Having been involved in quite a few different sports, I can state that athletes generally dislike stretching after practice. Others may disagree and say that athletes don’t dislike stretching, they HATE stretching, but you get my point. (I should point out that many athletes appear to love stretching before practice, but I think that’s just because it delays the practice!)
While science is starting to point out certain stretches and routines that may be harmful, it is generally agreed that the right stretches performed after a workout go a long way towards initiating recovery through gentle relaxation of tight and fatigued muscles.
The problem is, no matter how much I educate my swimmers about the benefits of stretching, many still put in sub-par efforts at best. Some coaches have suggested I should threaten / punish them, but that’s doesn’t make the reluctant athletes change their mindset. I need to find a way to make them want to do it. Right?
Nothing has worked so far. My guess is that right after a practice the swimmers are tired and their muscles are fatigued. And it’s right at this point that we’re asking them to voluntarily subject their muscles to more discomfort. While discomfort during swimming can be directly connecting with swim performance, which they want, discomfort during stretching is at best indirectly connected with swim performance.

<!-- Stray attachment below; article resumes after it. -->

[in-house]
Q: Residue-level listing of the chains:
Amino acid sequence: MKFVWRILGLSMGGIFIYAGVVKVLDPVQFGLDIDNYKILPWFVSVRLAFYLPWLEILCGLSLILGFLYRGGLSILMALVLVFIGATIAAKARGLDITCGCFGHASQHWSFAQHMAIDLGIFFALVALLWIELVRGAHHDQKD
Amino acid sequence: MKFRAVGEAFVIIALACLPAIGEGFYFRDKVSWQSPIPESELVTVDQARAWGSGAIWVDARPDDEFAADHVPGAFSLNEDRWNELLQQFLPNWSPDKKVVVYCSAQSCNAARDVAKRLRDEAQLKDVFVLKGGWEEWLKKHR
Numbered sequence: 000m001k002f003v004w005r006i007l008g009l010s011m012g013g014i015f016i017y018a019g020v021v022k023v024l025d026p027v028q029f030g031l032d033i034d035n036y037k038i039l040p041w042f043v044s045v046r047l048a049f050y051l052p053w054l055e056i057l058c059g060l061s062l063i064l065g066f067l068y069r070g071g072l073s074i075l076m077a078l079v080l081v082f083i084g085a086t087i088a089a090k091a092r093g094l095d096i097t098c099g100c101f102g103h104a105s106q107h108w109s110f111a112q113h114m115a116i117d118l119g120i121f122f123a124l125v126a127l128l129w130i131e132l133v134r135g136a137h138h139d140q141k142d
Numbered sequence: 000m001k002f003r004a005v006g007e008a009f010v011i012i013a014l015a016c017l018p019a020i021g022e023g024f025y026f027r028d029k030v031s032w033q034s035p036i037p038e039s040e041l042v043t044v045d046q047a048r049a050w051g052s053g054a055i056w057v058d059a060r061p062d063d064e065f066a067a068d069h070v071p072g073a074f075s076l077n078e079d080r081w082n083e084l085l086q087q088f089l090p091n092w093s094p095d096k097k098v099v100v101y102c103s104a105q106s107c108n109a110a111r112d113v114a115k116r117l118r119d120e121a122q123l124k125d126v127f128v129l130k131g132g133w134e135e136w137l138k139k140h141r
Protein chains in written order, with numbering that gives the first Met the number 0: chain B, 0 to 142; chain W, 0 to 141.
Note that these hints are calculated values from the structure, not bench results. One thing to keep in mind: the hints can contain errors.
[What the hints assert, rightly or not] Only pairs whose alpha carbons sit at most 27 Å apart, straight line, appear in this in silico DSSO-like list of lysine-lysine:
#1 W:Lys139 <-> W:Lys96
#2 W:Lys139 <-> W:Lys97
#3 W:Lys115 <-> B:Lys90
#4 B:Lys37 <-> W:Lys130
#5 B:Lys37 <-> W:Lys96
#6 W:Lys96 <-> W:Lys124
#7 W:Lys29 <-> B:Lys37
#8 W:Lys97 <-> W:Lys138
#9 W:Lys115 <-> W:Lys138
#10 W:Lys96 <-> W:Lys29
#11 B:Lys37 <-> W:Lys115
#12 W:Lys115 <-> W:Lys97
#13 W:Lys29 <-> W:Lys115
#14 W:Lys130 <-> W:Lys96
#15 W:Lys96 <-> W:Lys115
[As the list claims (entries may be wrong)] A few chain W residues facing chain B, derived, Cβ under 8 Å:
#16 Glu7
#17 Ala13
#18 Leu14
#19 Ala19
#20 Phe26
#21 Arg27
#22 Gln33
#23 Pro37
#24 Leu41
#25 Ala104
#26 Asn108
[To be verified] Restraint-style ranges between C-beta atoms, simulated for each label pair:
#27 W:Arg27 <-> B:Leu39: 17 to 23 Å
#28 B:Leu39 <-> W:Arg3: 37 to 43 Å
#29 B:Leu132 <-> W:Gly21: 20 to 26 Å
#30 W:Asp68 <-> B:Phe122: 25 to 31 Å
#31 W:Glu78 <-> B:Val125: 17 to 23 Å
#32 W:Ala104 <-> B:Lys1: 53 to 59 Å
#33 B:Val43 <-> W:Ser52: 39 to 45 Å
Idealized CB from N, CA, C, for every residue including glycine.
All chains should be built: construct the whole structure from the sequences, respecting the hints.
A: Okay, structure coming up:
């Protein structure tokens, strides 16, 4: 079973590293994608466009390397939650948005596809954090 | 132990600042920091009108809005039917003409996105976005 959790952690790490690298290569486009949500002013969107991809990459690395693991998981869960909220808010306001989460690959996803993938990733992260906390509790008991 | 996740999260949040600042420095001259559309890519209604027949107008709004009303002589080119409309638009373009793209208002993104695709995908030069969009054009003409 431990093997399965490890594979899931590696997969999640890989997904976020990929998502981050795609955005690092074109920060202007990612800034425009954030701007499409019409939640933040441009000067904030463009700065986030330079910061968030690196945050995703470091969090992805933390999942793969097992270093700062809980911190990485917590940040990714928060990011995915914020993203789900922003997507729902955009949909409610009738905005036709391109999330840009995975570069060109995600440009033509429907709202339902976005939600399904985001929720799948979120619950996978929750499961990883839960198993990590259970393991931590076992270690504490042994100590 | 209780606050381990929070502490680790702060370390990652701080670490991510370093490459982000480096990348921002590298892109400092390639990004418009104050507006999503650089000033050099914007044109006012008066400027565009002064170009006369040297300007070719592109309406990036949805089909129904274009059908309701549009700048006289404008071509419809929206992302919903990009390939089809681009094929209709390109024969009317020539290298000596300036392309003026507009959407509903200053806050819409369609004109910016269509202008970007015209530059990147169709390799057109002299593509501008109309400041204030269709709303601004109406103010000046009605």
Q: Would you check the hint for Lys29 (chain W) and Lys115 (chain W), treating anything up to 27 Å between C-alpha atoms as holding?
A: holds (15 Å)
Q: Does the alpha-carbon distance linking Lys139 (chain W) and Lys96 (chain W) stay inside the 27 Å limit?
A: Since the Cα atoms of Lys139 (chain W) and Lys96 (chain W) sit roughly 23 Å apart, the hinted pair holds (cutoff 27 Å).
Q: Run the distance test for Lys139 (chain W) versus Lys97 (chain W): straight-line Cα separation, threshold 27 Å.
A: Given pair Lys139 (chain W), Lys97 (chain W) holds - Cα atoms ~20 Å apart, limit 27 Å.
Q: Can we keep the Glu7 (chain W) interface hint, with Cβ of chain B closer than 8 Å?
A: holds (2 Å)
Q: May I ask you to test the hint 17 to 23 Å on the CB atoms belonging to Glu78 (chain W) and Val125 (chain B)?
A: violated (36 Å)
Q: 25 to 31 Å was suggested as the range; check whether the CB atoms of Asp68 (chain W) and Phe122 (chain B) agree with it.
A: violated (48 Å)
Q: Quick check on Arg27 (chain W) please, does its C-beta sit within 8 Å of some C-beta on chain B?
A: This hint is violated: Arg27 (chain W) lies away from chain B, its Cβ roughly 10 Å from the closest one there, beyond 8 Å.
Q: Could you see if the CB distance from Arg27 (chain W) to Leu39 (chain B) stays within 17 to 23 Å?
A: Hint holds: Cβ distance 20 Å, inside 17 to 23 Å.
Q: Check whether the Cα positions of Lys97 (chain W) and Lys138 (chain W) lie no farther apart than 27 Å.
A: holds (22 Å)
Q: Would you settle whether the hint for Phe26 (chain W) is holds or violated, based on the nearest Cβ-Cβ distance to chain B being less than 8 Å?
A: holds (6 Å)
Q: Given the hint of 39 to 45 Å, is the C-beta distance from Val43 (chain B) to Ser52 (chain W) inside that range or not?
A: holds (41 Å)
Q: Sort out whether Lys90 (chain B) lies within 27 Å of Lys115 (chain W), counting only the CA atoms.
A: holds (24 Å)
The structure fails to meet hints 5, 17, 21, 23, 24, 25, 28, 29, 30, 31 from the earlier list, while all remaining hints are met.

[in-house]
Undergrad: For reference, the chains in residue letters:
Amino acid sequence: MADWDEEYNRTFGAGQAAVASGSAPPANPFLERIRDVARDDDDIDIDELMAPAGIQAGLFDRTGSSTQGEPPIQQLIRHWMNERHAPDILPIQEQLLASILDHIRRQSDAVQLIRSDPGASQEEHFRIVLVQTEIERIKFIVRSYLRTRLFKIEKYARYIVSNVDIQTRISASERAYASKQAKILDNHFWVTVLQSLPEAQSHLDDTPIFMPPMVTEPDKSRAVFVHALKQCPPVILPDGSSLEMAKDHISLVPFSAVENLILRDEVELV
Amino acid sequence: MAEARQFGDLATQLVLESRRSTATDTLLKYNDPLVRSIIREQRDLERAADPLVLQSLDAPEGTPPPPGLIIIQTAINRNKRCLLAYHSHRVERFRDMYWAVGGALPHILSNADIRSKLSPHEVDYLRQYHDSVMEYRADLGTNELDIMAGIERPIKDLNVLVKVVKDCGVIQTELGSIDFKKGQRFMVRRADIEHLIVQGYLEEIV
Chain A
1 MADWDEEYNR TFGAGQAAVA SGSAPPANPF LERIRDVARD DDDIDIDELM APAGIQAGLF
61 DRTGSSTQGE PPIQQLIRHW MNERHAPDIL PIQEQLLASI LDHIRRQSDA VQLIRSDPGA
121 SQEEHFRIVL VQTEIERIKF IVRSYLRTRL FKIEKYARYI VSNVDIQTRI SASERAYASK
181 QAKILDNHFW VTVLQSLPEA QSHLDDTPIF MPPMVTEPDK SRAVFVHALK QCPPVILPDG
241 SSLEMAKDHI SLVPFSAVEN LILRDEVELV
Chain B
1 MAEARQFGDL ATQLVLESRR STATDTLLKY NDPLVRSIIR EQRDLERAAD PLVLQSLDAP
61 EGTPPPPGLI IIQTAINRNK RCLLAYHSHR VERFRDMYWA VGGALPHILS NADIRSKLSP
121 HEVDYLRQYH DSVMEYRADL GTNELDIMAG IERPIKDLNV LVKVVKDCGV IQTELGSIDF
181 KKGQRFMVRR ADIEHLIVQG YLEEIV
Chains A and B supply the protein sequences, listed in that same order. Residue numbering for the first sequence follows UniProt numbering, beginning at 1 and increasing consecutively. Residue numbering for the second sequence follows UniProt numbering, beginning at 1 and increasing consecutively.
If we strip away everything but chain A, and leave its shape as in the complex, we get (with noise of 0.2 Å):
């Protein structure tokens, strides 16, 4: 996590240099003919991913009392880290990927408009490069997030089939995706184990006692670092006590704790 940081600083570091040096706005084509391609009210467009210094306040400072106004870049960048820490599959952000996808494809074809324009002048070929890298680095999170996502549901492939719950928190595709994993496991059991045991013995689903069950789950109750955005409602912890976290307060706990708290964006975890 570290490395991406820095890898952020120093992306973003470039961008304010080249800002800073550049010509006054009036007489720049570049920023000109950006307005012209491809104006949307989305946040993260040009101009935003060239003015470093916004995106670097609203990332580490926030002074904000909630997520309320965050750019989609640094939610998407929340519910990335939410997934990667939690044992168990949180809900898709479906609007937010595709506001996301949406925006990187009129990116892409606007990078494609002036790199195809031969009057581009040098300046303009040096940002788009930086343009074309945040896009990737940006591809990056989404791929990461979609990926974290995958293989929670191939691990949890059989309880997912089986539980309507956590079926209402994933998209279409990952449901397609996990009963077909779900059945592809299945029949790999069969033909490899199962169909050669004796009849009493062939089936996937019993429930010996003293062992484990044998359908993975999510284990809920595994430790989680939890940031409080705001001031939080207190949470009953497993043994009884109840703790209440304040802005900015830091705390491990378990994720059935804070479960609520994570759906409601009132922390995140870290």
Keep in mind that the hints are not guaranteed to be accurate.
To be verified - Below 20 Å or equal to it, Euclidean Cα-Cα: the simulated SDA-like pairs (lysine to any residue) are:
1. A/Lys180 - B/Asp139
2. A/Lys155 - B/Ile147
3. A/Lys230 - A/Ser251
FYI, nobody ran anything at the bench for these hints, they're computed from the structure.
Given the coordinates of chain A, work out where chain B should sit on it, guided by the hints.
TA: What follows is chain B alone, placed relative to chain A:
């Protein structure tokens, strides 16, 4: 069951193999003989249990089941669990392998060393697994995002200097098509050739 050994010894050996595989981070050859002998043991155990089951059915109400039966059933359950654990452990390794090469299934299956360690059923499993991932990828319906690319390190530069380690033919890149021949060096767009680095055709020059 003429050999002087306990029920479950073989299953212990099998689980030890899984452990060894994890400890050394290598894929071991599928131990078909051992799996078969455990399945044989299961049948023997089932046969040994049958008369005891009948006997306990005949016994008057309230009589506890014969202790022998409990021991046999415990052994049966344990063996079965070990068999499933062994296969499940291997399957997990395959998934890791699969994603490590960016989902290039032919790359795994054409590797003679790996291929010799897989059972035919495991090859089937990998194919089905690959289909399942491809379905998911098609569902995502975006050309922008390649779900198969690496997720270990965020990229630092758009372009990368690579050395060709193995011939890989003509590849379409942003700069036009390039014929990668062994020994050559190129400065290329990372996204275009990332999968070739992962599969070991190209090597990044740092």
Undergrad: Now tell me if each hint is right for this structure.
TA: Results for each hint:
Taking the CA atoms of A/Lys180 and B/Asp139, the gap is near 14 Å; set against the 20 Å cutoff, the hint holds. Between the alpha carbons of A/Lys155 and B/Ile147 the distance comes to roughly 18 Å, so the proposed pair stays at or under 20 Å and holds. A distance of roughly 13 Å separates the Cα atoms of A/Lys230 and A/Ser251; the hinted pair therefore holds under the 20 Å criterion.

The More Popular Types of Stretching
When I first started competing I was aware of only 2 types of stretches: Static and Ballistic. And we would do both types before and after practice.
Static stretching is the most common type where you stretch a muscle for at least 20 seconds, and usually 30 seconds.
We were taught that about 2-3 seconds into the stretch our body protects the muscle be inhibiting the stretch, as well as adding pain signals to warn us …read more
Source: Rick’s Blog